Following the mass consumptive orgy known as Black Friday, a modest promotional effort will take place tomorrow to encourage shopping at small businesses in Baltimore.
Mayor Stephanie Rawlings-Blake will visit five businesses, ranging from a sweets shop in Pigtown to a gifts and consignment store in Mount Washington, to “encourage people to avoid the hassles of big-box stores by shopping at unique locations in the city.”
Accompanied by residents and business leaders, Rawlings-Blake will visit
Art of Candy, at [see comment from Pigtown Main Street below] 782 Washington Blvd., at 2 p.m. as part of Small Business Saturday.
Other mayoral stops will include a barber shop on West Baltimore Street (Royal Razor) and a landscape design business on Belair Road (Week End CUTZ) before ending at 5 p.m. at Mount Washington’s La Chic Boutique, according to her official schedule.
Rawlings-Blake is not alone in her devotion to small businesses.
In a dueling press release today, Kevin Kamenetz, the Baltimore County executive, announced his support of Small Business Saturday – but with a different pitch that shoppers should visit “one of the outstanding small businesses in Baltimore County, located all around the Beltway.”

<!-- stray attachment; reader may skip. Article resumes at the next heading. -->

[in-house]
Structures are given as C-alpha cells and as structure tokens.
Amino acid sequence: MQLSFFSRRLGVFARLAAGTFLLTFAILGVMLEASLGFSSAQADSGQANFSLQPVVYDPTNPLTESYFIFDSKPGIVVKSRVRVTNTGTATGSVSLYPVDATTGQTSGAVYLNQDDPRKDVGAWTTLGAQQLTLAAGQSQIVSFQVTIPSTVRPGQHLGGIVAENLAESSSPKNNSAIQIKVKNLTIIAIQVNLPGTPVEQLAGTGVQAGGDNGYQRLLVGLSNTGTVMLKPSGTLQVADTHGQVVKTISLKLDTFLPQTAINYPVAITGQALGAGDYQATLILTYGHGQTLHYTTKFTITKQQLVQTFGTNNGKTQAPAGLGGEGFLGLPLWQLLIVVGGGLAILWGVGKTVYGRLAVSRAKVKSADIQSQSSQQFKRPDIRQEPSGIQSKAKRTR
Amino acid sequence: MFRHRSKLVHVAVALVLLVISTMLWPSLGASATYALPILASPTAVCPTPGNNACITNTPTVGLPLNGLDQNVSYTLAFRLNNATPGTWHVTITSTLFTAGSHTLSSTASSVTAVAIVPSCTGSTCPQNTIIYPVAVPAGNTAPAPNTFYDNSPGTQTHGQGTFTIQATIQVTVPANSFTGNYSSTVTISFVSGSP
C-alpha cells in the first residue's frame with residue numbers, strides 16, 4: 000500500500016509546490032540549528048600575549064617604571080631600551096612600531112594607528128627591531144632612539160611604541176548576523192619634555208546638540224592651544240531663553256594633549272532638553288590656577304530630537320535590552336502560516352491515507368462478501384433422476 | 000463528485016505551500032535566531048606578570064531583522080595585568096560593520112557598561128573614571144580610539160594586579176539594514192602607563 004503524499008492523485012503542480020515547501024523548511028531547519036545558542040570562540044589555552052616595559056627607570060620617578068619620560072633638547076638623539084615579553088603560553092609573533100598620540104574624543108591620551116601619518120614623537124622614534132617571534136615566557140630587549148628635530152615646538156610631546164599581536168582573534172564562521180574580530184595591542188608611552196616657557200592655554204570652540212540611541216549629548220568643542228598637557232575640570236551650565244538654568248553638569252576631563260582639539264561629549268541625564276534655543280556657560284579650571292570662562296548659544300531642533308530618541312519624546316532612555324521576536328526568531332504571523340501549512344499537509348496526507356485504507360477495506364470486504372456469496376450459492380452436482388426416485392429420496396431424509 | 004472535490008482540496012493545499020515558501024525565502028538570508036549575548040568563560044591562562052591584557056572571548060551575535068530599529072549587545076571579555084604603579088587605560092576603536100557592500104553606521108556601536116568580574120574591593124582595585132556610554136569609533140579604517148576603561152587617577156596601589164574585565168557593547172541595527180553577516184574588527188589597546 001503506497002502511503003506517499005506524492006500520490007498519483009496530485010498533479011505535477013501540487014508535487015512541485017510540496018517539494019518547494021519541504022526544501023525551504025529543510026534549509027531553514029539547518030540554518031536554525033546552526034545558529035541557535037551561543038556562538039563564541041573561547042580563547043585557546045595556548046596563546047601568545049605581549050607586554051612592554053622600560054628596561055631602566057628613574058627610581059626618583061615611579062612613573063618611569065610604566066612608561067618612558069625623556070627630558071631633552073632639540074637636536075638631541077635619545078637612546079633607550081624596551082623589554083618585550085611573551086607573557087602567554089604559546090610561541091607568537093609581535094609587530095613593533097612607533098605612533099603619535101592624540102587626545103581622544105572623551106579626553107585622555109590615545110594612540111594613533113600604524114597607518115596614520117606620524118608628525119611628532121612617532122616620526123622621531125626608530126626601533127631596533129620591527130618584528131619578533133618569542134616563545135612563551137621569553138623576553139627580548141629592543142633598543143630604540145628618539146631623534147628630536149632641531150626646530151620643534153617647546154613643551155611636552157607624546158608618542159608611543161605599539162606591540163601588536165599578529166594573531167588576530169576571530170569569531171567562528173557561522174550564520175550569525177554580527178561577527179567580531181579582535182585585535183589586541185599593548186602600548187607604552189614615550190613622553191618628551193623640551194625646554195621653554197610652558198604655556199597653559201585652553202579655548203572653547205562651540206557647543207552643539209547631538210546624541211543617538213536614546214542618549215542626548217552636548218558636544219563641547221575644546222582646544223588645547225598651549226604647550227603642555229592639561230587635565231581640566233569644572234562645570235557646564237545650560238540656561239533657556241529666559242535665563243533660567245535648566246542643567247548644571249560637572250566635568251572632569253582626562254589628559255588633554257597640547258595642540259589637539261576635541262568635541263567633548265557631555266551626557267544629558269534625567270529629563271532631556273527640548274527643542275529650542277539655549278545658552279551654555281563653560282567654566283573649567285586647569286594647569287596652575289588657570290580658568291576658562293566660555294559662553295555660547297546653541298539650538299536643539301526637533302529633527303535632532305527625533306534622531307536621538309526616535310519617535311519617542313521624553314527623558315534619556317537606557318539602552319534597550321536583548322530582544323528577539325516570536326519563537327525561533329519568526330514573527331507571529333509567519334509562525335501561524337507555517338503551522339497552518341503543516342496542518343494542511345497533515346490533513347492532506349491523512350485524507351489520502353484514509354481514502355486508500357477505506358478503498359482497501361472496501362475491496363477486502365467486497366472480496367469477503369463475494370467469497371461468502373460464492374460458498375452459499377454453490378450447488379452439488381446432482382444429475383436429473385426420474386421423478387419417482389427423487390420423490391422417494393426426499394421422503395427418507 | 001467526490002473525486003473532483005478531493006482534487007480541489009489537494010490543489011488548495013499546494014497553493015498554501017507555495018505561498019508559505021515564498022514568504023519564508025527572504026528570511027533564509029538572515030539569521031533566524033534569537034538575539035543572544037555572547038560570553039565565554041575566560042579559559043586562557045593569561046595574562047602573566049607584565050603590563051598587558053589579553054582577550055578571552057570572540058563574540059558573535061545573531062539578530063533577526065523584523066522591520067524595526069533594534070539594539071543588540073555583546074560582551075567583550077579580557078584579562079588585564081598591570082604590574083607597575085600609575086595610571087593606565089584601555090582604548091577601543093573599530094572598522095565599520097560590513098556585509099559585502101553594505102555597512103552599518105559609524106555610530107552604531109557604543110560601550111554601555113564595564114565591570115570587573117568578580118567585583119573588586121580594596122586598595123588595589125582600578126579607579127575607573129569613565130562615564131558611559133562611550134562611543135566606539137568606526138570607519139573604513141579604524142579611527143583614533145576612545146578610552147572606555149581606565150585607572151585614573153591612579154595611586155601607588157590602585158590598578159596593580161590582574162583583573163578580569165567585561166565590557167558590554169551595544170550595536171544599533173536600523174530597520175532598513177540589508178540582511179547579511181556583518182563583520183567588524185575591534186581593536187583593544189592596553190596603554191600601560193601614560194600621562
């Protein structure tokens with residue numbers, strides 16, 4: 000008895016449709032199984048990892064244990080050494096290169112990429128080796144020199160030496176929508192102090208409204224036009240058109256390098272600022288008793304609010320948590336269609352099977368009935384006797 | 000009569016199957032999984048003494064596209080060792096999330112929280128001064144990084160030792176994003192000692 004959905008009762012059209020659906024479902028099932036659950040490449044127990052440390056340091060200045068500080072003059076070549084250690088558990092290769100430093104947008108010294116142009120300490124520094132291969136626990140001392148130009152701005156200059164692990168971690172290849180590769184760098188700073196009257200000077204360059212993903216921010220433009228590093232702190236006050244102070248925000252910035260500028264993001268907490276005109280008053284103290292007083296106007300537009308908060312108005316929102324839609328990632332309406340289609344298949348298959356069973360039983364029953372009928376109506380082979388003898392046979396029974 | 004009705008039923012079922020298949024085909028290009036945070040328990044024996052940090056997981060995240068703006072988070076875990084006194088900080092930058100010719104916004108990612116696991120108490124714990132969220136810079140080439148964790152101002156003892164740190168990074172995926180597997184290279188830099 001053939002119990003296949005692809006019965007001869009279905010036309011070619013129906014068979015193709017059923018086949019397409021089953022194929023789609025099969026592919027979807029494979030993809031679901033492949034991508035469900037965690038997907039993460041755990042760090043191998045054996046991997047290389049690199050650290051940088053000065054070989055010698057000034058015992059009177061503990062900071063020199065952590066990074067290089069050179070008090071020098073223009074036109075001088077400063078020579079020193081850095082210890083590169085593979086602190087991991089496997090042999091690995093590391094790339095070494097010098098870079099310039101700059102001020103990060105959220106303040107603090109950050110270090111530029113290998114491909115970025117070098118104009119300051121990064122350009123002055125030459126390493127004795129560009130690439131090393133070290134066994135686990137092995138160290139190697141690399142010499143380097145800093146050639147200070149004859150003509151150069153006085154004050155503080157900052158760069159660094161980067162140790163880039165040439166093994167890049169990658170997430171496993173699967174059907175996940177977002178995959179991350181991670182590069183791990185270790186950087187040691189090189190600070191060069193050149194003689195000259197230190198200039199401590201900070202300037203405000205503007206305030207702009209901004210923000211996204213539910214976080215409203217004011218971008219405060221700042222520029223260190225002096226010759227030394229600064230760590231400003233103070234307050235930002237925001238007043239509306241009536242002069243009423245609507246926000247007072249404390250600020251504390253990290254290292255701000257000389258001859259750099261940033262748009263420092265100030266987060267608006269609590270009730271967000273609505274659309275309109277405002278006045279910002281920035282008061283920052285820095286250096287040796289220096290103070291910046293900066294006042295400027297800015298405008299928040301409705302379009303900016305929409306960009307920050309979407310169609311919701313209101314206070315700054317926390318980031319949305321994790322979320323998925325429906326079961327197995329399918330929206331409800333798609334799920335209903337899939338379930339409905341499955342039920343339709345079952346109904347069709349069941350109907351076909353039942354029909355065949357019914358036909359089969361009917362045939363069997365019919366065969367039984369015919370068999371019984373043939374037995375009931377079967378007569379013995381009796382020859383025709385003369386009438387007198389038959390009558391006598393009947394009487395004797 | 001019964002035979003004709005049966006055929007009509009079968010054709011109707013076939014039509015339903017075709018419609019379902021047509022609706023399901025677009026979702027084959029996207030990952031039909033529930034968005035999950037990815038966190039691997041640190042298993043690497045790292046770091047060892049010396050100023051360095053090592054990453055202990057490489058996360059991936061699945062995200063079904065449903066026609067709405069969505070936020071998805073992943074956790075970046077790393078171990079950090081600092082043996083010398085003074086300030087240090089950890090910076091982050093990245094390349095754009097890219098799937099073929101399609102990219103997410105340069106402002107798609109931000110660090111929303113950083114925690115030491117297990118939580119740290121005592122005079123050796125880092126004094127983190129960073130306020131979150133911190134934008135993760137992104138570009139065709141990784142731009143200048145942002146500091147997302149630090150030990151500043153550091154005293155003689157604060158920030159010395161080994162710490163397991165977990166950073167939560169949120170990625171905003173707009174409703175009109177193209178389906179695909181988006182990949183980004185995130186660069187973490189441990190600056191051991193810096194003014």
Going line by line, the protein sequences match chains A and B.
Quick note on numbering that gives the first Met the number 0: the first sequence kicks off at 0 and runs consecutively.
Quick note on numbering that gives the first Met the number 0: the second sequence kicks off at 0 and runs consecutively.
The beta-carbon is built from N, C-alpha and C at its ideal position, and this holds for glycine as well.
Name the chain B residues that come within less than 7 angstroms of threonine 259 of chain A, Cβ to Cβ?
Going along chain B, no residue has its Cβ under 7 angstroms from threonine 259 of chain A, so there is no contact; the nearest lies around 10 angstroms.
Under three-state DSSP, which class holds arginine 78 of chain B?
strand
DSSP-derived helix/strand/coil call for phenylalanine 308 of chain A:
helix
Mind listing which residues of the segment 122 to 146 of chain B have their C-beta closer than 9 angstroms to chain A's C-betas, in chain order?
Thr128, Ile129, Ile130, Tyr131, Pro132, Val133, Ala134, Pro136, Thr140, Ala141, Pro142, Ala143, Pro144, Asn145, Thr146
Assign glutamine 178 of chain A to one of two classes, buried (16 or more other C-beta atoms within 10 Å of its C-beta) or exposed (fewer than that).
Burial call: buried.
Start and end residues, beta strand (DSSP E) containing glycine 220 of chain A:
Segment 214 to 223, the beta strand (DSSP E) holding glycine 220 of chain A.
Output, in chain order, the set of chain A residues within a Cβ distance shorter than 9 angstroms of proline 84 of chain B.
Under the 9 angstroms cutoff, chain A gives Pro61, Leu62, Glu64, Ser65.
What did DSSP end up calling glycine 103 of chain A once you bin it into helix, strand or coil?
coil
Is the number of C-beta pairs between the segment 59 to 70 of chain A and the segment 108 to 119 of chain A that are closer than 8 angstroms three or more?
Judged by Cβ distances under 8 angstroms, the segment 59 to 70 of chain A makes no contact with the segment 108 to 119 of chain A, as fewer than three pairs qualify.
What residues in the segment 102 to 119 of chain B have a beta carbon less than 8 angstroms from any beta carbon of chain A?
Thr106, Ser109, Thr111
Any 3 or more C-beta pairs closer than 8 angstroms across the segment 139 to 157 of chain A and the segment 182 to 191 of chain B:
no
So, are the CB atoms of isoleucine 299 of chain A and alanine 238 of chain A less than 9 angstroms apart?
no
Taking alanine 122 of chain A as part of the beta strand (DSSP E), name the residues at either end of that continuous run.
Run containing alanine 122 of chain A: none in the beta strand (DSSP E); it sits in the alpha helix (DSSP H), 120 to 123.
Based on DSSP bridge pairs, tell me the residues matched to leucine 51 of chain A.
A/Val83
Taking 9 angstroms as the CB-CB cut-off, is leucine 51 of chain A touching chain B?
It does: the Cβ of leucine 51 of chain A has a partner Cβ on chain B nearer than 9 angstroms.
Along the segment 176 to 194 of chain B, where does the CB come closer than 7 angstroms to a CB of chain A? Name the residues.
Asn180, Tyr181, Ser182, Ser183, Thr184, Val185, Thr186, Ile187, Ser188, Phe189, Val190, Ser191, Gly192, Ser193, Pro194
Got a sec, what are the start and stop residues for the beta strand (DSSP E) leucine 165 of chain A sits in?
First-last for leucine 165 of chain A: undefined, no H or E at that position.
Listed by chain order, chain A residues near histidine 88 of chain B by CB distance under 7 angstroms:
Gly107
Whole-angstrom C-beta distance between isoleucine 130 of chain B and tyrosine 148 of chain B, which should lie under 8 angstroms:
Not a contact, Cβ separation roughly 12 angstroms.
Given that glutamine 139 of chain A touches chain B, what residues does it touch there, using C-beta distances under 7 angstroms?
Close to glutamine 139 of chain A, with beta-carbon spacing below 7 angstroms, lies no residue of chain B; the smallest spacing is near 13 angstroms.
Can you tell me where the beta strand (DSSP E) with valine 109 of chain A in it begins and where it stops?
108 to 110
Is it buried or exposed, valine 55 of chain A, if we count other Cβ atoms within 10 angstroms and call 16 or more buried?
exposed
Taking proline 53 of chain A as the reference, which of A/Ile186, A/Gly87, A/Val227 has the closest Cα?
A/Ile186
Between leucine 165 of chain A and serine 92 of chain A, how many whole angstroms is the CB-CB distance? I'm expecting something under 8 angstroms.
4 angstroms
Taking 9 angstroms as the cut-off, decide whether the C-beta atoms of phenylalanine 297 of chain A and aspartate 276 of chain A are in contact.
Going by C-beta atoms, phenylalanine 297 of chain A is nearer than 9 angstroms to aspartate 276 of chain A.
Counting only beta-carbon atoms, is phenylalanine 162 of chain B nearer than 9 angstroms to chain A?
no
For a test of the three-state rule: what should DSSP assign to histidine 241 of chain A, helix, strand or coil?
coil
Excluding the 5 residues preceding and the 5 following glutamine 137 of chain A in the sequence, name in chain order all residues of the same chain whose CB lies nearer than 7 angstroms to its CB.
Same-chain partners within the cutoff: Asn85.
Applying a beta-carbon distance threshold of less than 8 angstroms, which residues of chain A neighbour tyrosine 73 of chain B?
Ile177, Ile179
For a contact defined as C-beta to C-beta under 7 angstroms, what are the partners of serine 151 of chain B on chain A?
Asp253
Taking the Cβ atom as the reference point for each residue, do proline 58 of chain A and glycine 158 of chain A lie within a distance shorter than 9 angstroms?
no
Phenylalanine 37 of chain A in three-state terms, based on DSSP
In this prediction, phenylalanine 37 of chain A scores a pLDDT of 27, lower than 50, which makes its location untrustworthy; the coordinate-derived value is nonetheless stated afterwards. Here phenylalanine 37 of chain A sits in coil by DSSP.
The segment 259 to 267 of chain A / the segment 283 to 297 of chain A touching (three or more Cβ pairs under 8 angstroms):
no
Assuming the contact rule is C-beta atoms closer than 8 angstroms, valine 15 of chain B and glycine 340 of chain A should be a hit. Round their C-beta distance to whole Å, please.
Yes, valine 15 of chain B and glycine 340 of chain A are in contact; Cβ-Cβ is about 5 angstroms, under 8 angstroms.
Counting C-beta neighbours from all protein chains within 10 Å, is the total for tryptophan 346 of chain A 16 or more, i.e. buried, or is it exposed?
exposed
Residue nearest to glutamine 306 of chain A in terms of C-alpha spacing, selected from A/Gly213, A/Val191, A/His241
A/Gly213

“Let’s make Small Business Saturday a rousing success,” Kamenetz declared.
Micro-Loans to Businesses
For Baltimore’s mayor, tomorrow’s tour will provide a platform to tout her new business initiative, a revolving micro-loan fund to support small, minority and women-owned businesses.
Earlier this week, the Board of Estimates approved $125,000 in general funds to capitalize the program, with a $250,000 supplemental grant expected to come from the Maryland Department of Business and Economic Development.
Dubbed BaltimoreMICRO, the fund will offer $5,000-$30,000 loans to qualifying businesses for the acquisition of commercial property, rehabilitation of existing buildings, leasehold improvements, equipment purchases and “other costs associated with operating a small business.”
According to Rawlings-Blake, the goal is to “provide working capital to businesses to support the creation of full-time, high-quality, year-round employment opportunities and to stabilize existing employment opportunities in Baltimore.”
The micro-loan fund will be administered by the Baltimore Development Corporation (BDC), an agency that is used to handling much larger tax-relief programs, such as TIFs and PILOTs, for city developers.